Despite the fact that many historians have been tempted to exclude slavery in their discussions about the history of exploitation and racism. While Christianity taught about equality of all human beings, colonialism and slavery denied people freedoms (Du Bois 98).
The paradox began in England when the population rapidly increased. The increase did not grow to any corresponding increase of the nation’s economy to sustain its population. This resulted in misery, which was characterized by high rates of unemployment and poverty.
The authority tried to adopt efforts to ensure that citizens got jobs. In addition, it uses measures against their movements and the increasing cases theft. Population increase threatened the Englishmen freedom, and this made the ‘gentle government’ as it was referred send the population of the New world where there were job opportunities (Du Bois 298). Most of the citizens went to Virginia, which was referred to as “England’s sufferings of poor” (Du Bois 124).
In addition, it was brought about the many slaves that were found in the US at the time when Americans were demanding for democracy. For instance, during the 1790 census, Virginia had 40% of the slaves, yet, it the state had outspoken advocates of freedom and equality in the US (Du Bois 123). It is evident that an advocate, such as Jefferson favored republican liberty, and was in the forefront in denying liberty benefits to the blacks. As a result, historians have dismissed Jefferson and Virginia State as hypocrites.
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Many religious philosophers have argued that the whites were practicing Christianity of the land and Christianity of Christ. Douglass attempted to destroy the racial inequality that was widespread in the US, and improve the lives of African-Americans. According to him, there is religion as a set of ideal beliefs and behaviors, and religion as a common practice. The religion of the whites is characterized by hypocrisy.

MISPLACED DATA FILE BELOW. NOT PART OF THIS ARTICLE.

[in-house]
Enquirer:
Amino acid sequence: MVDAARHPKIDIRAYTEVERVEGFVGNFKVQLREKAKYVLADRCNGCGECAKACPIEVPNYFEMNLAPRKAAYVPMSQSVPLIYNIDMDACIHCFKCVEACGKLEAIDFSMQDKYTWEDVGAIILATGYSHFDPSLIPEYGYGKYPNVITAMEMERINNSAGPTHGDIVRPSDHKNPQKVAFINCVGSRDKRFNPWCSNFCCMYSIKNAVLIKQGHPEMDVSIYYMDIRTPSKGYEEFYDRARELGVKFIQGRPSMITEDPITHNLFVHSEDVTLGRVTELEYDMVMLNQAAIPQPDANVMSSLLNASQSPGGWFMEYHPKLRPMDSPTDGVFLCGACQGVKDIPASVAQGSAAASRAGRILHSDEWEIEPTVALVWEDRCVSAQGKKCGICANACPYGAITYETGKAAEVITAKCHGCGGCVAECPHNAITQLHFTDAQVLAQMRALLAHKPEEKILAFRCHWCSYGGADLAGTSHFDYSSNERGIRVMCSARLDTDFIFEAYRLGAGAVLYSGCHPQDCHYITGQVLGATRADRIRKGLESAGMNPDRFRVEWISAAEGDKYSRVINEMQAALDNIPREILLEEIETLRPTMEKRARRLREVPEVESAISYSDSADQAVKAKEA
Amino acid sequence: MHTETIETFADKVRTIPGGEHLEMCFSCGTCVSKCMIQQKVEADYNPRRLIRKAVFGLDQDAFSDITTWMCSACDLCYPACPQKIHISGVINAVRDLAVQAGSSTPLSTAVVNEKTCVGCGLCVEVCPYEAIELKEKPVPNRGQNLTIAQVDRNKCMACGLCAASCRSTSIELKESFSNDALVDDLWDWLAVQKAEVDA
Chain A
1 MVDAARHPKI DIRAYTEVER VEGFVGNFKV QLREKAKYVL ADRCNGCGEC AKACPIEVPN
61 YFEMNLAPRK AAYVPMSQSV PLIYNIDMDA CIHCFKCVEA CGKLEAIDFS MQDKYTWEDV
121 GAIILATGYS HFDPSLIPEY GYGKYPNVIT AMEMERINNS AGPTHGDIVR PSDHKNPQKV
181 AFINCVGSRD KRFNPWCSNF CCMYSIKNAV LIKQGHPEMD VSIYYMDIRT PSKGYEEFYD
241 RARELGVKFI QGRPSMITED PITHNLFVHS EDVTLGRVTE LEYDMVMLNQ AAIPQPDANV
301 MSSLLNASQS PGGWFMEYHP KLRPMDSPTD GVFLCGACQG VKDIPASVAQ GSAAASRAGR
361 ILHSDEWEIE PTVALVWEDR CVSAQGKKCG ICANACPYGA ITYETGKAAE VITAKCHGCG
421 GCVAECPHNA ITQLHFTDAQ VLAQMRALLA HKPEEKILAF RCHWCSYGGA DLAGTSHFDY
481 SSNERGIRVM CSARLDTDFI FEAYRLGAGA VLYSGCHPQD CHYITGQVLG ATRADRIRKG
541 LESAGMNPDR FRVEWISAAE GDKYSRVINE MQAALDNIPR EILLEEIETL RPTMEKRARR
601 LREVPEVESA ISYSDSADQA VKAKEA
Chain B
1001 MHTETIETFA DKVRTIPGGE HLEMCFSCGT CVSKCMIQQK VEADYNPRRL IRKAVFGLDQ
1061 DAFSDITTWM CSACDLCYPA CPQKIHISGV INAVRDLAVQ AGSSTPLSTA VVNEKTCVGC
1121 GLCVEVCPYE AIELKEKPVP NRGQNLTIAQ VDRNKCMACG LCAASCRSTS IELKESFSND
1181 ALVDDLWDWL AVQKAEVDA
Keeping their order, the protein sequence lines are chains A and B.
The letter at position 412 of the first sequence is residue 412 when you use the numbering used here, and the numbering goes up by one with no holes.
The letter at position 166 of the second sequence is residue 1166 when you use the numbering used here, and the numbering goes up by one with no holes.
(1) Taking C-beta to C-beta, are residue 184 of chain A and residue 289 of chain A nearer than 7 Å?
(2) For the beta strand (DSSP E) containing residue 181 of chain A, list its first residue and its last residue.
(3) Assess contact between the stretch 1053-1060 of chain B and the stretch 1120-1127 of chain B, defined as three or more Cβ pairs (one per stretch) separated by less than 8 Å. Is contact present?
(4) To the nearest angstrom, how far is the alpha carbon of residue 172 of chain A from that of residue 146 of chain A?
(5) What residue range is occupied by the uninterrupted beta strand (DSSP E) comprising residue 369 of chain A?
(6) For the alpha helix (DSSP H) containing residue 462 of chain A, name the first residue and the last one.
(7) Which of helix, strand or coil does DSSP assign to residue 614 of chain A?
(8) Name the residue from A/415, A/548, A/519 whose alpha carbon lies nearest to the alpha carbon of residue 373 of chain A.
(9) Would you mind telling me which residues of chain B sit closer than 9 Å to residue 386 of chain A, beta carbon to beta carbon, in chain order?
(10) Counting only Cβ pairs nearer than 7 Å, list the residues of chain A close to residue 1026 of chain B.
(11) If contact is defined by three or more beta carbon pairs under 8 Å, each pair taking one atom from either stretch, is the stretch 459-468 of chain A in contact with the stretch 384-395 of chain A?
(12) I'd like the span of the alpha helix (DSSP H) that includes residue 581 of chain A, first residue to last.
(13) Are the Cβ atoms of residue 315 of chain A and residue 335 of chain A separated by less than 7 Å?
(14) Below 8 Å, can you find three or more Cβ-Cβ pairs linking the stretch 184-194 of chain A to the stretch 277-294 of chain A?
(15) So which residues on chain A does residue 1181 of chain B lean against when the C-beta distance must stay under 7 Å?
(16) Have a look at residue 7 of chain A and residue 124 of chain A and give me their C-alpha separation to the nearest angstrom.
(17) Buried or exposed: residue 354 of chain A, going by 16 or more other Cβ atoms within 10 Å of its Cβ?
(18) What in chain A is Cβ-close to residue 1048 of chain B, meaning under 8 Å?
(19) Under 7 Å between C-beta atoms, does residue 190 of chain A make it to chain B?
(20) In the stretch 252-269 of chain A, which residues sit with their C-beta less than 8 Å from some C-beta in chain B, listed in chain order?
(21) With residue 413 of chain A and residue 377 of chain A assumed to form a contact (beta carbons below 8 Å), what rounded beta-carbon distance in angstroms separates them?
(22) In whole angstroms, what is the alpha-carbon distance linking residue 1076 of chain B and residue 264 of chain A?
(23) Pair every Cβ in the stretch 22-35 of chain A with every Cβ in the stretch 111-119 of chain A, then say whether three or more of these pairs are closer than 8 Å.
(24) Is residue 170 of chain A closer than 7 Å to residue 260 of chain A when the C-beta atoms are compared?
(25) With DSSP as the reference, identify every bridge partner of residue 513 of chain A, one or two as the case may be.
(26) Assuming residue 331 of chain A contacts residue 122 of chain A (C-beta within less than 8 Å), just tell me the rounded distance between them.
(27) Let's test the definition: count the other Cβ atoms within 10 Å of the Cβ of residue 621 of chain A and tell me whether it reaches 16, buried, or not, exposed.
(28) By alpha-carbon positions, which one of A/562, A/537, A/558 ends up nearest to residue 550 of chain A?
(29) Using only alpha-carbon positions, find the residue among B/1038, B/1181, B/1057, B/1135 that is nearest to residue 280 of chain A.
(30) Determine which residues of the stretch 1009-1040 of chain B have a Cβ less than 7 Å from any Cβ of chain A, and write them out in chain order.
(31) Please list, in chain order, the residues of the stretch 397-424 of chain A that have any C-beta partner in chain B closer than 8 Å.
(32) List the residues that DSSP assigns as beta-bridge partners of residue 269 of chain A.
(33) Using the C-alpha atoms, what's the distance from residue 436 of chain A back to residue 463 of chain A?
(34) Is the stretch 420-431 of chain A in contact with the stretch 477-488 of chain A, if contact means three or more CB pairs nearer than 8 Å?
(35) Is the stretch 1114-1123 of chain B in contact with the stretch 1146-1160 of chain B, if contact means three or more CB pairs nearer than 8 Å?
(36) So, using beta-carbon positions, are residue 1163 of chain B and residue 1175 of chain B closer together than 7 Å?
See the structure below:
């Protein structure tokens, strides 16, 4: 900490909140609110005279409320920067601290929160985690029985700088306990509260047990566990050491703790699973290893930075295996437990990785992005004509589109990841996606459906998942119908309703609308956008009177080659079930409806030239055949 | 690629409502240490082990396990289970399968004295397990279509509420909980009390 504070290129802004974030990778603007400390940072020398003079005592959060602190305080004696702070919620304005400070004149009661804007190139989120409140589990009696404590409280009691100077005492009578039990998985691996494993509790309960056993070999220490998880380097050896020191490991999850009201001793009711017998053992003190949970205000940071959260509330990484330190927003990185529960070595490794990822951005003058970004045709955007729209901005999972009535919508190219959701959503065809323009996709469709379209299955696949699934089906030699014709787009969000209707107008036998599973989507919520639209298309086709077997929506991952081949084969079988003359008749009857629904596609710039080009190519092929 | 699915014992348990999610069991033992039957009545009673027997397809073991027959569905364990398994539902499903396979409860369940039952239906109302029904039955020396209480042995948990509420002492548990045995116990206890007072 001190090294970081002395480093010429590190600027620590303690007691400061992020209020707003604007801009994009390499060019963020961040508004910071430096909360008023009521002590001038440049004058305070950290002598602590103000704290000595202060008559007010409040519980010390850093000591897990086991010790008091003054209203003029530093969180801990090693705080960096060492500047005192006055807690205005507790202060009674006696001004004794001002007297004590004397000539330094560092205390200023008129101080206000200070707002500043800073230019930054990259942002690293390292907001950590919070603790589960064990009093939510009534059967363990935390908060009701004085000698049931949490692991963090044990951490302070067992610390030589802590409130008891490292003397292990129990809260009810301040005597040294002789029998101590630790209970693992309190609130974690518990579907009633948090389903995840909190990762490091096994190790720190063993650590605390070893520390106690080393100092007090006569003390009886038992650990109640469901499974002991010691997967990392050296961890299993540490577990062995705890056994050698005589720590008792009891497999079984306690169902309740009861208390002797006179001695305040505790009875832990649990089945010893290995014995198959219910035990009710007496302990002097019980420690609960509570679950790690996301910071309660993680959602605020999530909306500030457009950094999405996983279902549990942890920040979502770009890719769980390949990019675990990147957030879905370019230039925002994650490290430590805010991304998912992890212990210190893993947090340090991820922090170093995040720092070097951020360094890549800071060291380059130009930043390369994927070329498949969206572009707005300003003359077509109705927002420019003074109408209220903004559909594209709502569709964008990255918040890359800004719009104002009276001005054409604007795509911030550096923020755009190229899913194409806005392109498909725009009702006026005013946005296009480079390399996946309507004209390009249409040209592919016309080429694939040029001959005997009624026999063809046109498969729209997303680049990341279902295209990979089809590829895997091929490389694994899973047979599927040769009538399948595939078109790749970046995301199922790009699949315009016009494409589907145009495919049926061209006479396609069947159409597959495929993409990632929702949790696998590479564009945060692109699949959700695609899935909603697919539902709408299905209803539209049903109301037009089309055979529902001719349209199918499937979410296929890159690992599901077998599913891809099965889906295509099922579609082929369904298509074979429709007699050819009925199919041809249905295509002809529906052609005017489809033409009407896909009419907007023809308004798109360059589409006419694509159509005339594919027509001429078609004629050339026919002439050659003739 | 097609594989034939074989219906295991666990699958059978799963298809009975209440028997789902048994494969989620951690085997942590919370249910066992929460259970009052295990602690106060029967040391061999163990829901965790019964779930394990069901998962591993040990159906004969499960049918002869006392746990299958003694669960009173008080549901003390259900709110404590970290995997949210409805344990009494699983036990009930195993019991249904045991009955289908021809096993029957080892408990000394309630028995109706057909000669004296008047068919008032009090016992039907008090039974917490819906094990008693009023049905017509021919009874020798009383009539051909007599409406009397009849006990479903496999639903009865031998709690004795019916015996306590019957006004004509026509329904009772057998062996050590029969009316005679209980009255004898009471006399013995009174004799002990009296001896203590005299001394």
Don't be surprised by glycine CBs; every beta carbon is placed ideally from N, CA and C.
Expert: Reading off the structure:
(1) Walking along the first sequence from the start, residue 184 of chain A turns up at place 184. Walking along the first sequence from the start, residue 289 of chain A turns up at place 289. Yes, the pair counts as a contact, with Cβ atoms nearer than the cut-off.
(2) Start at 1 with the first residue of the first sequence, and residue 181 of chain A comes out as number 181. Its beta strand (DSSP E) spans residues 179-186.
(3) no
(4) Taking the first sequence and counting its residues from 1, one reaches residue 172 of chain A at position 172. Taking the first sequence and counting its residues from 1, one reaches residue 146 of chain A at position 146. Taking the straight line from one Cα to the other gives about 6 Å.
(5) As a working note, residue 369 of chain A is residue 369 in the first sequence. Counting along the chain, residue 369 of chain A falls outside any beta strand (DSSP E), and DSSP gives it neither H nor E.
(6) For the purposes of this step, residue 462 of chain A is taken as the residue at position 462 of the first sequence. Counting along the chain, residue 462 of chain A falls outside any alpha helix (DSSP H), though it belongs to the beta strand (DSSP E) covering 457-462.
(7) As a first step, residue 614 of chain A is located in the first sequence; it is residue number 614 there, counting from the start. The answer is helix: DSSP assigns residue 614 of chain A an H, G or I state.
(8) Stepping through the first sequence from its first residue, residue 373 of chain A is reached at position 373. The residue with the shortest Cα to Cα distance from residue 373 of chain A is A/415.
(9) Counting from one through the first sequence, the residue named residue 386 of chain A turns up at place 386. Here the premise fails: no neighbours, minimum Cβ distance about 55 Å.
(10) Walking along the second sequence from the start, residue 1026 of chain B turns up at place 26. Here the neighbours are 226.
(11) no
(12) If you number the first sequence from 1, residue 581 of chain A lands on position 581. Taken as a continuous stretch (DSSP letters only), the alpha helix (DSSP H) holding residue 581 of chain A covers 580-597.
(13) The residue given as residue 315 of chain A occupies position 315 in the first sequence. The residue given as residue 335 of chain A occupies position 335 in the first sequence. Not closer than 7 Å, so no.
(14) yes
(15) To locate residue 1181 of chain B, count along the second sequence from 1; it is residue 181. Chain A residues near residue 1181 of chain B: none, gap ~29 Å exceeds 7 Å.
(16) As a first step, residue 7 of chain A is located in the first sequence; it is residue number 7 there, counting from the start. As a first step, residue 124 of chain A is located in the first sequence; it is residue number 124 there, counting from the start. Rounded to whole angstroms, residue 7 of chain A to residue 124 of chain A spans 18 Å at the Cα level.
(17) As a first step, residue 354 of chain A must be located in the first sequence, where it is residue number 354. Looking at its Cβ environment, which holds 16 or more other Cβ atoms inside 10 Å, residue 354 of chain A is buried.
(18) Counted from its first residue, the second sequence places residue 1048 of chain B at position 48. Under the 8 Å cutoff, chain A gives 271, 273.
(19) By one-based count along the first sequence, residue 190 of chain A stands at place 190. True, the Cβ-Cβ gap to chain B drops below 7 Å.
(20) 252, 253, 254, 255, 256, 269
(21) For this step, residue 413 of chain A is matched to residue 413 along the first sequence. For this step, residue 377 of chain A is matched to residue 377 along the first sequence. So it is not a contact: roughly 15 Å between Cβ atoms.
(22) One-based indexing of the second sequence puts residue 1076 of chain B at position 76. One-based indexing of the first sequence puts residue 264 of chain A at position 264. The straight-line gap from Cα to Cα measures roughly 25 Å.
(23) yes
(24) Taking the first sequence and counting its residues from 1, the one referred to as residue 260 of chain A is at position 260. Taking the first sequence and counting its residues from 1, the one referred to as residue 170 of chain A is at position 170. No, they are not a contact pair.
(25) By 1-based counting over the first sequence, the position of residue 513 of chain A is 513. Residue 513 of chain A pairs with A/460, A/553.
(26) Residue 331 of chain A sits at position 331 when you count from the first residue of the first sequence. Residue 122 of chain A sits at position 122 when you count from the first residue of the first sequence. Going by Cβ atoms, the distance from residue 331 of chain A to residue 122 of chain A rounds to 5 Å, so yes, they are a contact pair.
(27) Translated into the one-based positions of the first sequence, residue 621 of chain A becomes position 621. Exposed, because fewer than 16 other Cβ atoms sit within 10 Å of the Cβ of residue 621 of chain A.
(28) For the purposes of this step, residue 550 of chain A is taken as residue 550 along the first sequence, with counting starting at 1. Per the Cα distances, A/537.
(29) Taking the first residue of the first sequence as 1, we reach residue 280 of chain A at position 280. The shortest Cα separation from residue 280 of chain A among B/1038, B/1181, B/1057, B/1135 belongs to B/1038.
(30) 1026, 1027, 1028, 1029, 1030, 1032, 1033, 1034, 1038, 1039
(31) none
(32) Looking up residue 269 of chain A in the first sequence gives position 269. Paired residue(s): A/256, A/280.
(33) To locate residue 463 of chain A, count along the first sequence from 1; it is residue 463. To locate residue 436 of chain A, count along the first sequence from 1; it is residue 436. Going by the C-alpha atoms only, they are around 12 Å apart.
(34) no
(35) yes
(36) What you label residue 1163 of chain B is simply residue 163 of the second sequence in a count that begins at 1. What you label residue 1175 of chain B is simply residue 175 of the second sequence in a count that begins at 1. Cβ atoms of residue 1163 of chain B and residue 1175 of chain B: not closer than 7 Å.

In his time every citizen to be a Christian because it was a sign of respectability. Douglass was against all types of slavery that were evident in the bible. He advocated for equality and used Jesus’ message of impartiality. As an abolitionist, he struggled to abolish slavery by discussing how religion negatively influenced and impacted slavery and the development of Christianity.
Christianity was employed by slave masters to justify their cruel treatment of the blacks. According to Douglass, Christianity is love, peace, and impartiality. However, he differentiates Christianity of Christ from that of land (Du Bois 163).
Thus, Christianity of the whites was typified by corruption, slavery, whipping of women, plunder, and partiality. It is difficult for one to practice the Christianity of Christ and own slaves at the same time. This, to him, implies no innate goodness. The Christianity of the land is used to describe the Christianity of slave dealers and owners. Therefore, it would be hypocritical to put one on labor without food and rest. He continues to say that living among religious people is beneficial because it is possible for one to change his or her life (Du Bois 165).
According to me, Douglass views on religion are right. It is a challenge for one to serve two masters at the same time, and in the same respect. Enslaving an individual without food and rest is not Christ’s Christianity. It is against God’s laws and whoever practices that is a hypocrite. Although some verses in the Bible support slavery, the New Testament is against slavery, and teaches about equality of human beings. His perspectives are also correct because living among Christians makes one change his or her perspectives about others.